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Hardware Design Part 2

A project log for pcbtc (GaN edition)

The slightly different USB peripheral

Niklas FauthNiklas Fauth 05/15/2019 at 17:100 Comments

Flyback boost converter

The flyback converter steps up the 5V input voltage to 40-50V for the GaN full-bridge. As the turn ratio of the tesla coil already is at a max (you can’t have less than one primary winding ;) the only way to get higher output voltages is a higher input voltage. A flyback converter doesn’t work like a traditional transformer, it it much more comparable to a boost converter: The transformer acts as a coupled inductor that stores magnetic energy in the air gap. Independently of the turn ratio, output voltage can reach (theoretically) indefinitely high output voltages. The only difference is that with a well-chosen turn ratio, efficiency can be improved a lot compared to a simply boost topology.

The PWM for the switching mosfet is generated by the STM32. The STM32 thous has full control of the output voltage, allowing things like slowly ramping up output voltage to not overload USB, software-configurable bridge voltage and potentially QCW-DRSSTC operation.

Deadtime circuit

The so-called shoot-through condition happens when both switches in a half-bridge design are conducting simultaneously. This usually doesn’t happen intentionally, it rather happens as a side effect during switching: If you switch on one fet in the exact same moment you switch off the other, due to time delay mismatch it can happen that for a very short period of time, both switches are conducting, usually causing death to both fets. To counteract this unfortunate event, you can add a small amount of time where both fets are off, “break before make”, or, in EE slang, dead-time.

Even though the LMG5200 already integrate an impressive amount of circuitry, one thing missing is dead-time logic. Texas Instruments arguments that this is an advantage as it gives the designer the freedom of controlling the two individual GaN devices in the half-bridge as they wish. However, it also gives you the freedom to kill both GaN Fets if you turn them on simultaneously.

I didn’t realize that in my first attempt, and adding dead-time logic was the milestone that lead to the very first sparks from this design. The circuit is pretty easy: Two triple-input AND gates are feed with the feedback signal, one inverted, the other not. Also, enable from the STM32 is applied to both AND gates. The opto-coupler was added to separate the STM32 from the electronics for the tesla coil: As you will learn later, the GND for everything related to driving the LMG5200 is on a separate ground plane, only conneted to power ground through the LMG5200 itself. This is again because the fast switching of the LMG5200 can induce voltage spikes that can lead to unwanted behavior. The opto-coupler is there to connect these to domains without introducing noise to this separated ground plane.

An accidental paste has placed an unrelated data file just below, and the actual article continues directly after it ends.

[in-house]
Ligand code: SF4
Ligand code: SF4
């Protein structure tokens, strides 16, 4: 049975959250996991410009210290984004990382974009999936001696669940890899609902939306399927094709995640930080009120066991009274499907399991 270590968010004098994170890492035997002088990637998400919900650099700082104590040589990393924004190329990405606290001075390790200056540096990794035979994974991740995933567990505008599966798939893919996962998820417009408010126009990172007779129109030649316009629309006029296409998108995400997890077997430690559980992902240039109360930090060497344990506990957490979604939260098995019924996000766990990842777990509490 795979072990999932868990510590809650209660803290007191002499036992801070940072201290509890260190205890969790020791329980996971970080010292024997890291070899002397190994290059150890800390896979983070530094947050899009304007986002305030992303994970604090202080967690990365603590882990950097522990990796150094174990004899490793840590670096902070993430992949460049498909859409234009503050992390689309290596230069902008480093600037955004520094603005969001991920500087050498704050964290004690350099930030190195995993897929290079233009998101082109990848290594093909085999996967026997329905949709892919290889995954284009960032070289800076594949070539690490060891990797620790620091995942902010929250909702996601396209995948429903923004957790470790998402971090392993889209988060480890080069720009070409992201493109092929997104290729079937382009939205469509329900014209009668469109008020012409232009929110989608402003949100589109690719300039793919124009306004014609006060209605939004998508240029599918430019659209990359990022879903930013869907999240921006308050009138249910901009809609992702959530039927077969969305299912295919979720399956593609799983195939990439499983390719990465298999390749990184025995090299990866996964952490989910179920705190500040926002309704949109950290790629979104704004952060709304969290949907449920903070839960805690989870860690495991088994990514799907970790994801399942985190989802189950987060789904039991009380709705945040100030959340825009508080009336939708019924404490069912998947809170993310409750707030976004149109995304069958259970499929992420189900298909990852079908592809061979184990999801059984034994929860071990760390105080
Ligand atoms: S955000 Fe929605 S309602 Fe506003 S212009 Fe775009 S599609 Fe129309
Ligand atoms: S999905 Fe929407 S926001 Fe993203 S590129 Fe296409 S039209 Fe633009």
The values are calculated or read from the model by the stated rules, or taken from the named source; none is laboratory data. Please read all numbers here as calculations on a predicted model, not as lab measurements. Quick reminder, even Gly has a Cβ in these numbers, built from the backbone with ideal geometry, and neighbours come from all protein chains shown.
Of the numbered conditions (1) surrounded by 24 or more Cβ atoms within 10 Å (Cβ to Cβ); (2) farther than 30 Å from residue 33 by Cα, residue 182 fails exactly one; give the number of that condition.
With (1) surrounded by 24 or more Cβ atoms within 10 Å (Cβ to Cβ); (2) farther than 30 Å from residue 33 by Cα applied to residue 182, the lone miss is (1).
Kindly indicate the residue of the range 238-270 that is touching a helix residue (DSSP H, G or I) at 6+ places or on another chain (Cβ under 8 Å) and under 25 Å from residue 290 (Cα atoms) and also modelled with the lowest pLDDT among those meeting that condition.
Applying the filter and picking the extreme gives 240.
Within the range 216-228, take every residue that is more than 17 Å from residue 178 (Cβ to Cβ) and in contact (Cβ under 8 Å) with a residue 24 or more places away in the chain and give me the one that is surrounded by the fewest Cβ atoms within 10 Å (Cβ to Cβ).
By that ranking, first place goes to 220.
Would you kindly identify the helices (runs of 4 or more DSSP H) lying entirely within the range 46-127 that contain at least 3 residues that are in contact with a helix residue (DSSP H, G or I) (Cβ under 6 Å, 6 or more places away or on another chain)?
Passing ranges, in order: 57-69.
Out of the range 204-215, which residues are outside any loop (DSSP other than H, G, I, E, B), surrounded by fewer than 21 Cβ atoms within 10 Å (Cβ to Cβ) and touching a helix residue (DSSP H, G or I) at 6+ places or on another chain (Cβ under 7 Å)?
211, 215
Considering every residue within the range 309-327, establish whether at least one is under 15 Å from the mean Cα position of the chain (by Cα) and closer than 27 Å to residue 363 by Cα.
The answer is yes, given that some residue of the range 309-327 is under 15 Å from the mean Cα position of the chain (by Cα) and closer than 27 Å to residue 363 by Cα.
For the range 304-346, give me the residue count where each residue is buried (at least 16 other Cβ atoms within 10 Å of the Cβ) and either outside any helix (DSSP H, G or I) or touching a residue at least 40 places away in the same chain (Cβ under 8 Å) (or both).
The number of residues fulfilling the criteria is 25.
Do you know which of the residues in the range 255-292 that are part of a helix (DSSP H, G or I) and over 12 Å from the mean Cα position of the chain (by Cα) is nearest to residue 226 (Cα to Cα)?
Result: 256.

The third input is the inverted output of each other AND gate: Only one of them can output high at a time, as they are blocking each other. As the signal has to pass through the inverter first to enable the output of the other AND gate, the delay time of the inverting gate is added to the signal as dead-time where both AND gates outputs are low.

Feedback Signal recovery

Is is very important for the tesla coil to operate at it’s own resonant frequency. However, this is not a fix value, it heavily changes during operation: Both the amount of metal in the surrending as well as the very arc created by the tesla coil forms an additional capacitance that decreases the resonance frequency. The easiest way to follow these changes is to operate the coil in a self-resonanting mode: The output of the coil is sensed, amplified and feed back to the driving circuit as positive feedback. This causes an undamped oscillation at the resonant frequency.

There are multiple known attempts to recover this feedback signal. The biggest difference is either it is recovered from the primary resonance circuit or the secondary coil. The easiest way is to sense the current flowing through the secundary c­oil using a shunt resistor in series with the earth connection. This is the method as seen in the schematic above, however, it implicitly couples RF noise from the discharge into the logic circuit, which might cause the problems experienced when touching the discharges.


Another attempt is to sense the primary current and use this signal to drive the GaNs. This methode is usually more robust and can be used and tested even completely without any secundary coil. Traditionally, ~1:100 current transformers wound to a small ferrite torus core have been used for this. For my coil, this is too big, and also I didn’t wanted to add additional inductance in the primary resonance circuit as even the short wire going through such a ferrite would add a higher inductance than my whole primary coil. Instead, I used the advantage of my high frequency design, and tried using a air-coupled current transformer. This design will be evaluated within the next few weeks.



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